Driver Rehabilitation Program
Memorial’s driver rehabilitation program lasts about two and a half hours and includes a clinical and an on-road assessment.
What is the driver rehabilitation program?
Our driver rehabilitation program lasts about two and a half hours and includes two assessments.
- Part 1: Clinical Assessment
The first part is a clinical assessment of visual, physical, and cognitive abilities. We look at range of motion, strength, coordination, and things that are needed to drive.
- Part 2: On-Road Assessment
The second part is a one-hour, on-road assessment with a certified driving rehabilitation specialist who’s also an occupational therapist. The driving rehabilitation specialist takes them out in a car that is similar to a driver’s ed car with a second brake. They perform what we call “open-ended driving” to look at judgment and safety skills when they’re navigating to familiar places like Schucks or Walgreens to pick up medicines or groceries.
What types of patients participate in the program?
Our main diagnoses are those who have had a stroke or a major medical setback where the physician’s not sure it’s the right time to regain independence with driving. Many times the physician will say, “I’d like you to hold off driving at this time, and we’ll look at it a little later in your recovery.” We do the clinical and on-road assessment and really take a look at where they’re at in the rehabilitation part of the process. Then, we determine if they’re ready to drive or if they need a little more therapy.
What types of therapies do you use to help patients drive?
In occupational therapy, we focus a lot on visual skills, dual task, and cognitive abilities. Divided attention is a high-level task that we need for driving. Often, it’s not the physical limitations following a stroke that limit an individual from driving. It’s cognitive and visual skills. Our clinic specializes in that area.
Do you have a success story to share?
Judy is one of our patients who came to therapy for at least six months. She really focused on arm recovery and had some visual changes that required a lot of therapy. We focused on her processing speed, safety, and awareness. At a certain point, we felt Judy was ready to try to go back on the road. She did wonderfully. She needed a few adaptations because she couldn’t use her one arm as well while she was driving. We recommended a spinner knob and a few modifications as far as where she drove and what types of driving that she did. But she was able to regain her independence with those modifications.
How do patients feel after completing the program?
Sort of like walking, driving is one of those skills that equate to independence in many people’s views. If you ask a patient in therapy, “What are your goals?” They’ll say, “Walking,” and the next step is driving. Being able to drive yourself, even if it’s just to get medicines and groceries, is a big level of independence for many people.
What other diagnoses are appropriate for the program?
Anyone who’s had any kind of medical setback is appropriate for driver’s rehabilitation. It could be someone who’s had a hip replacement or hip surgery. Maybe their right leg is now weak, and they’re not sure that they should be driving because the transitions from gas to brake are difficult.
We see those with neuropathy in their feet. Their foot is sliding off the brake pedal at times, so they may need to transition to hand controls. We do evaluations and training with those who need hand controls for diagnoses such as multiple sclerosis or even lower extremity weakness from failed back surgeries or spinal cord injuries. We cover a lot of different diagnoses. Our goal is really just to get people back to driving independently.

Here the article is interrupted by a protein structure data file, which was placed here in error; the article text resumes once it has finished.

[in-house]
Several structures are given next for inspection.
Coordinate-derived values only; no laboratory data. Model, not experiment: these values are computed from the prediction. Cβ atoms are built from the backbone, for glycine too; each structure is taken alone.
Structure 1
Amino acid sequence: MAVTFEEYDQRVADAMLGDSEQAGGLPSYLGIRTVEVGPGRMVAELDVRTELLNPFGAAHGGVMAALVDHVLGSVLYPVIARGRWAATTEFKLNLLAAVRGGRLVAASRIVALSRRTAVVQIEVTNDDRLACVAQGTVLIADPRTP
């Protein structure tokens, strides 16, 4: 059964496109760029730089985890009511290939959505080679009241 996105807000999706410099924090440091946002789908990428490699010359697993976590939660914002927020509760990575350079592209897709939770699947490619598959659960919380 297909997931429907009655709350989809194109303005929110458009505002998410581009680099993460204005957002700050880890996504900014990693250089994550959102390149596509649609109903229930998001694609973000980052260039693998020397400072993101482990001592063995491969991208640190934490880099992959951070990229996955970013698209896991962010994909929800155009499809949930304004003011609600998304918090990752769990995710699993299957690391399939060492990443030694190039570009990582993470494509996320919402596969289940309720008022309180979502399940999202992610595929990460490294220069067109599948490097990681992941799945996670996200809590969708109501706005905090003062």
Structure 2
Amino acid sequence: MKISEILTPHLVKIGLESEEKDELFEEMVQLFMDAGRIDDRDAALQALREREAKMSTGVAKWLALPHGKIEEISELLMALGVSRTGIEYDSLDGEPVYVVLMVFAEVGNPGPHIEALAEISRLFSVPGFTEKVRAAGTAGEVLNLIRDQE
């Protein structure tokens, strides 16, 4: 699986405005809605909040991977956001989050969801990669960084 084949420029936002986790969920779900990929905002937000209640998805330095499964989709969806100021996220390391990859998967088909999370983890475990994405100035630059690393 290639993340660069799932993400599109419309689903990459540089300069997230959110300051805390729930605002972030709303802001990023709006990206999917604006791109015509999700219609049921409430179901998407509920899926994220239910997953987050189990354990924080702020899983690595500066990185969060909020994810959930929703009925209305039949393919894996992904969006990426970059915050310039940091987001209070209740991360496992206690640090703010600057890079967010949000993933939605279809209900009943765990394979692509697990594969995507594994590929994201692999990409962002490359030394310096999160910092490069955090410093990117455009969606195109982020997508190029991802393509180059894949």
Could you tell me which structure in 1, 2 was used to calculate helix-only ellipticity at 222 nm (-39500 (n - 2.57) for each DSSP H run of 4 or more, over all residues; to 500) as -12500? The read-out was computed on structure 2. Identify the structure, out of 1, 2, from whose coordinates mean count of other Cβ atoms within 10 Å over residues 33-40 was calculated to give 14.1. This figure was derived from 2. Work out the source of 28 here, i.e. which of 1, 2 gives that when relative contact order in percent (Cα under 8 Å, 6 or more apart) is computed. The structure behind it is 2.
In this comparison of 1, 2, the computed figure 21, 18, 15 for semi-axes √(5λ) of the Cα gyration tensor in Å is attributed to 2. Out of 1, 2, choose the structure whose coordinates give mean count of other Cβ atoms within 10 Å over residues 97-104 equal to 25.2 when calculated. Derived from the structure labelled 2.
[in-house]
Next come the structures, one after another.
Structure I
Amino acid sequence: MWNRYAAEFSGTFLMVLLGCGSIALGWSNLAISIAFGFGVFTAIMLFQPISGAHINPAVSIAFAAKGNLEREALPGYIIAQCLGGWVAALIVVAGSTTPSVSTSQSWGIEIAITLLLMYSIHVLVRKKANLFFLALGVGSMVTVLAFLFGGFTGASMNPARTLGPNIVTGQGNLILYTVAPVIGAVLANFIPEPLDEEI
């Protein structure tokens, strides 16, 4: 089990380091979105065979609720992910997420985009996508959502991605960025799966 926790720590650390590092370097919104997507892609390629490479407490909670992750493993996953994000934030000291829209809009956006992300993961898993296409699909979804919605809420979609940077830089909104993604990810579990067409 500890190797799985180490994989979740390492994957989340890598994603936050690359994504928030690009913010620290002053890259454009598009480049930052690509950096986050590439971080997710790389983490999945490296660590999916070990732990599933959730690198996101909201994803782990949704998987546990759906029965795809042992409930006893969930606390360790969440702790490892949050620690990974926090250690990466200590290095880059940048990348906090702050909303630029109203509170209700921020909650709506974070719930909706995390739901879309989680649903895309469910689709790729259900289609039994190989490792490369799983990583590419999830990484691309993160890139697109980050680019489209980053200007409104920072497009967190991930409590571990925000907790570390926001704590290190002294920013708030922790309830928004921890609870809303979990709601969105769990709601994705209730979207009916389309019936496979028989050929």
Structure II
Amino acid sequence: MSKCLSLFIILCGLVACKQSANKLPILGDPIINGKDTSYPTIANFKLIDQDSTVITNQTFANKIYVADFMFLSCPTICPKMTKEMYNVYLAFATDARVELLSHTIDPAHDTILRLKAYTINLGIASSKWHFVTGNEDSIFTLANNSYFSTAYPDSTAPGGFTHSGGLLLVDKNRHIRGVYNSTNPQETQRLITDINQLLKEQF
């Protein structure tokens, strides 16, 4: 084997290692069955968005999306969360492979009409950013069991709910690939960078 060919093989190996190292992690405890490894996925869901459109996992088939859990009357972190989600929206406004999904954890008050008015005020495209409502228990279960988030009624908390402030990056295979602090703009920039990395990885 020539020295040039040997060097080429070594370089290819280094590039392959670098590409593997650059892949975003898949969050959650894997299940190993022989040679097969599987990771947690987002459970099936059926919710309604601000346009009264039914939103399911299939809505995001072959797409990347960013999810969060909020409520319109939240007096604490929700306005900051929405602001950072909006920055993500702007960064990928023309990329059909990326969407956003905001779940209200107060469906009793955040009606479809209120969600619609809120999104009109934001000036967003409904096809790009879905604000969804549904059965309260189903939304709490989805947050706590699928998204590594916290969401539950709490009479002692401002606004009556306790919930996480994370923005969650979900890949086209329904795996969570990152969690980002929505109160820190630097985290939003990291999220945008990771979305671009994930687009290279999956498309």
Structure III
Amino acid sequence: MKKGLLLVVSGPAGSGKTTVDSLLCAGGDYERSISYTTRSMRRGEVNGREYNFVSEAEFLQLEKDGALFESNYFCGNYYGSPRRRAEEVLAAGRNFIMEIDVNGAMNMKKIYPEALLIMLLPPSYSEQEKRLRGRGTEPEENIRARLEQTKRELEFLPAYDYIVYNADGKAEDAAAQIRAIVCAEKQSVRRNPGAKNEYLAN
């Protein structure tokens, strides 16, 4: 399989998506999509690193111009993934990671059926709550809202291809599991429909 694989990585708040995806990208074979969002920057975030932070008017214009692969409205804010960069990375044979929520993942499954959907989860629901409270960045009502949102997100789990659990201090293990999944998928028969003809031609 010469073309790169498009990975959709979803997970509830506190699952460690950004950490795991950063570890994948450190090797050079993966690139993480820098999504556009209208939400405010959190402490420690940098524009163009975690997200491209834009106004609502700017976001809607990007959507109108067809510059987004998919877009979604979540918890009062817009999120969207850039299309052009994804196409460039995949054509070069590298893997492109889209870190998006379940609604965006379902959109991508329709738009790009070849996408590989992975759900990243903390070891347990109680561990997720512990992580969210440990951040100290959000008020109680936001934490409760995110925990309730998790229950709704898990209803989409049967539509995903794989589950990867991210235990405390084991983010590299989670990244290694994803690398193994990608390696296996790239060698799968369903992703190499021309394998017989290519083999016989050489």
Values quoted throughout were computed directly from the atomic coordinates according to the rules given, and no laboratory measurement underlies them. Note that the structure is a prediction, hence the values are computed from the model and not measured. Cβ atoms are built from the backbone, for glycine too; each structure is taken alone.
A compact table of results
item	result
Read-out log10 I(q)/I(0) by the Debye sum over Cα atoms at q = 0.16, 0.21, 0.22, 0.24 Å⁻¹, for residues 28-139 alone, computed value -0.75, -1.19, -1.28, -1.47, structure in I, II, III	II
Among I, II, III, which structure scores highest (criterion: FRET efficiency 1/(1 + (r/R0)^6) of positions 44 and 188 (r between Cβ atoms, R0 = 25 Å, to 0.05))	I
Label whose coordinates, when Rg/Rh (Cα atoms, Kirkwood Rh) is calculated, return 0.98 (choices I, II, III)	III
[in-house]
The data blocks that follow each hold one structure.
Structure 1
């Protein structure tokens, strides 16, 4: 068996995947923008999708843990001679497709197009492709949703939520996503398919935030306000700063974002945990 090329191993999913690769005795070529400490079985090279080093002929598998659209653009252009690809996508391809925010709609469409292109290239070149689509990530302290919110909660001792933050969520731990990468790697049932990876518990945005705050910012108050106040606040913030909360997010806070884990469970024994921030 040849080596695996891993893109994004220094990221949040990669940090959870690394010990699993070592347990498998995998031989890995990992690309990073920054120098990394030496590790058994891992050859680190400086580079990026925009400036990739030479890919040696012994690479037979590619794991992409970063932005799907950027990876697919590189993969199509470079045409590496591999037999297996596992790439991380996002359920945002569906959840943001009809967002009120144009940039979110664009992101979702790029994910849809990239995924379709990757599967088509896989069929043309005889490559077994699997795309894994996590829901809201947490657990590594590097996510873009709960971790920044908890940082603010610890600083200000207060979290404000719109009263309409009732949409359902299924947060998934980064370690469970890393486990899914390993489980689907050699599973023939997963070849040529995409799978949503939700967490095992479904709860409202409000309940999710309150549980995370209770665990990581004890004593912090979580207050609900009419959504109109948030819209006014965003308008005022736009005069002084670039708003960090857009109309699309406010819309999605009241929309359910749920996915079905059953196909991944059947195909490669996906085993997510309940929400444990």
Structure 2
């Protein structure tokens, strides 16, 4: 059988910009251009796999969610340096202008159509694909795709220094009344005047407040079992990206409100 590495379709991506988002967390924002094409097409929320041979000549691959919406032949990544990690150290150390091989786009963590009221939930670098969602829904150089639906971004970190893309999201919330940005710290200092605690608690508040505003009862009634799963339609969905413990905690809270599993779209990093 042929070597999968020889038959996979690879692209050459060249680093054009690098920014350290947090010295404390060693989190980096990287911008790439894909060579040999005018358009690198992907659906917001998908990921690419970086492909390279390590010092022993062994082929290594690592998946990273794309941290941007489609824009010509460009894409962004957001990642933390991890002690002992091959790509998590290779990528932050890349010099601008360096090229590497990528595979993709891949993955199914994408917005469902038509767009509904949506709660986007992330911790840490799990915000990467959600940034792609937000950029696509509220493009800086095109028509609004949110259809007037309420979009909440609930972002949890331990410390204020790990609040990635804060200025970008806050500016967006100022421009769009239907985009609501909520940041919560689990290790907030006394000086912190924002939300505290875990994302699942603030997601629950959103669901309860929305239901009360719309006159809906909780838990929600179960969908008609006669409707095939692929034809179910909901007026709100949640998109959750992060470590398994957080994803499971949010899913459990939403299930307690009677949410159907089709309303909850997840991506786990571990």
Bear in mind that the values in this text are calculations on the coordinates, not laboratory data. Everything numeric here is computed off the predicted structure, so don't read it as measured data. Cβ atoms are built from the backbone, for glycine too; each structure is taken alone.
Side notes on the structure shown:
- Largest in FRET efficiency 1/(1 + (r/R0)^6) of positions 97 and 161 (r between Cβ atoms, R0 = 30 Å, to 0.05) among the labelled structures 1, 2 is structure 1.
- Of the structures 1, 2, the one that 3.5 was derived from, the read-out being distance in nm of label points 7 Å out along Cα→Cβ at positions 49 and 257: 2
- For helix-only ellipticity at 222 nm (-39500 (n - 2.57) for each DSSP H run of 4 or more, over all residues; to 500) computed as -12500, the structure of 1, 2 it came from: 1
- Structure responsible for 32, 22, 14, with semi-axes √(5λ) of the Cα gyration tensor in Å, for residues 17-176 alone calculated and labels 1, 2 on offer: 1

What technologies are used to help someone drive?
There are many adaptations for driving like spinner knobs and left foot accelerators. There are many different types of hand controls that allow someone who has very limited movement of the arm and head to still drive from a wheelchair inside a van. We can evaluate and train an individual, so they can regain their driving skills using advanced technology.
Can you assess when a patient might want to consider not driving anymore?
Another part of our driver assessment program is to assess those who might need to retire from driving. Commonly, that’s individuals who’ve had some difficulties with their cognition and memory skills, like dementia. Family members and physicians have concerns about their safety with driving. It’s a very difficult topic to bring up and discuss with family members. Our program offers the same clinical and on-road assessments that we do with other diagnoses, but it offers objective information on how they’re doing with their driving and determines if it is the right time to retire from driving. When we complete our assessment, we meet back with the patient and their family members and discuss the results of the assessment. We make our recommendations, which are not final. The physician is responsible for making that determination on whether they can continue to drive or whether they should retire from driving.
Why is this program so valuable?
Driving is one of the highest functional things that an individual can regain after they’ve had a major medical setback. They work so hard to get back to walking, cooking, and dressing. The next step for independence is driving. Driving is such a big opportunity for community access and socialization. It goes hand in hand with our occupational therapy department focusing heavily on the neural population. It’s a need that’s definitely out there, and we fill it.